As cases spike, the Department of Health and Human Services (HHS) is focusing on rapid testing as a means to control the pandemic. But data on this type of testing continue to be widely unavailable.
- HHS funds new COVID-19 tests: On October 31, HHS and the Department of Defense announced a $12.7 million contract with InBios International, a Seattle-based diagnostic testing company. The contract aims to help InBios increase its production capacity for two COVID-19 tests: a rapid antigen test called the SCoV-2 Ag Detect Kit and an antibody test called the SCoV-2 Detect IgM/IgG Food & Drug Administration (FDA).
- HHS distributes antigen tests to HBCUs: At the end of September, the Trump administration announced that Historically Black Colleges and Universities (HBCUs) would be one category of priority sites for the distribution of Abbott BinaxNOW antigen tests, of which the administration has purchased 150 million. This promise is now coming to fruition; HHS announced on October 31 that 389,000 BinaxNow tests have been distributed to 83 HBCUs in 24 states, at no cost to the schools. How these schools will use the tests and report their testing data, however, remains to be seen.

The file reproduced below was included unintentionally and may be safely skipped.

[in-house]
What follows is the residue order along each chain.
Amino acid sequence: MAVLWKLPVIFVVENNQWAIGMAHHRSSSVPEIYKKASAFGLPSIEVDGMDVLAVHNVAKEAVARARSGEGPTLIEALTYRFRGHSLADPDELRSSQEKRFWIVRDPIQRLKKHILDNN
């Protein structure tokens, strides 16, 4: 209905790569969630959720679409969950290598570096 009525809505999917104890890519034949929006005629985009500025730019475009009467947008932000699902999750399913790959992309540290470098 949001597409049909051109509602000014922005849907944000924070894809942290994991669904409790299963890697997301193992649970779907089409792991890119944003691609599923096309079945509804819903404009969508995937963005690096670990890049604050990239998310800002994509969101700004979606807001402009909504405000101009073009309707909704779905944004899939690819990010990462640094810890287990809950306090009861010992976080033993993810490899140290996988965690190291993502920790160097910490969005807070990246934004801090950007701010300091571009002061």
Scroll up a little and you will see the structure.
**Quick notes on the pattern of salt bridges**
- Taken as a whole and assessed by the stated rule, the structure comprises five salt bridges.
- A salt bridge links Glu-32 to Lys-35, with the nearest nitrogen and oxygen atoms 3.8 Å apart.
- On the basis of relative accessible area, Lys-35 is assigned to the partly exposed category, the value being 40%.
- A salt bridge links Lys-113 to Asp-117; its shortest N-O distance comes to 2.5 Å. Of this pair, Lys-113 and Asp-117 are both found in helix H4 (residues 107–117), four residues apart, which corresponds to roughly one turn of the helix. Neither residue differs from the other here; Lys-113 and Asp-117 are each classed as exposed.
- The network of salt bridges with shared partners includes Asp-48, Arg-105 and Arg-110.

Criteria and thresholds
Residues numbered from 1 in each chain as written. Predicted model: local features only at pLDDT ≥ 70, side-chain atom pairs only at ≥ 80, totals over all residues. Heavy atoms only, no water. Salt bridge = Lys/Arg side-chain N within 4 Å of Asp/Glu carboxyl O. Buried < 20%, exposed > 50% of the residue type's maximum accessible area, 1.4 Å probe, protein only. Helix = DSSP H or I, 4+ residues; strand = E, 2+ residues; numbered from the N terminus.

- FDA reminds antigen test providers to use them properly: The FDA issued a letter to clinical laboratory staff and health care providers on November 3, reminding them that antigen tests may incur false positives when the instructions for these tests’ use are not correctly followed. FDA recommendations include using antigen tests for symptomatic individuals, handling tests correctly, and using PCR tests to confirm results in low incidence counties. As I’ve discussed in this newsletter before, incorrect use of antigen tests may lead to misleading results that waste clinical resources or instill false confidence in people who receive false negatives.
- HHS needs better testing oversight and data: Two new articles in STAT News this past week have discussed COVID-19 test regulation and reporting. An investigation by Kathleen McLaughlin finds that laboratory developed tests, diagnostic tools developed by and for specific facilities, fall in a “regulatory gray area” which makes it easy for innacuracies to slip past the FDA and HHS. Meanwhile, an op-ed by OB-GYN Joia Crear-Perry points out the public health danger in allowing demographic data on testing to be lost when rapid tests are not incoporated into reporting pipelines.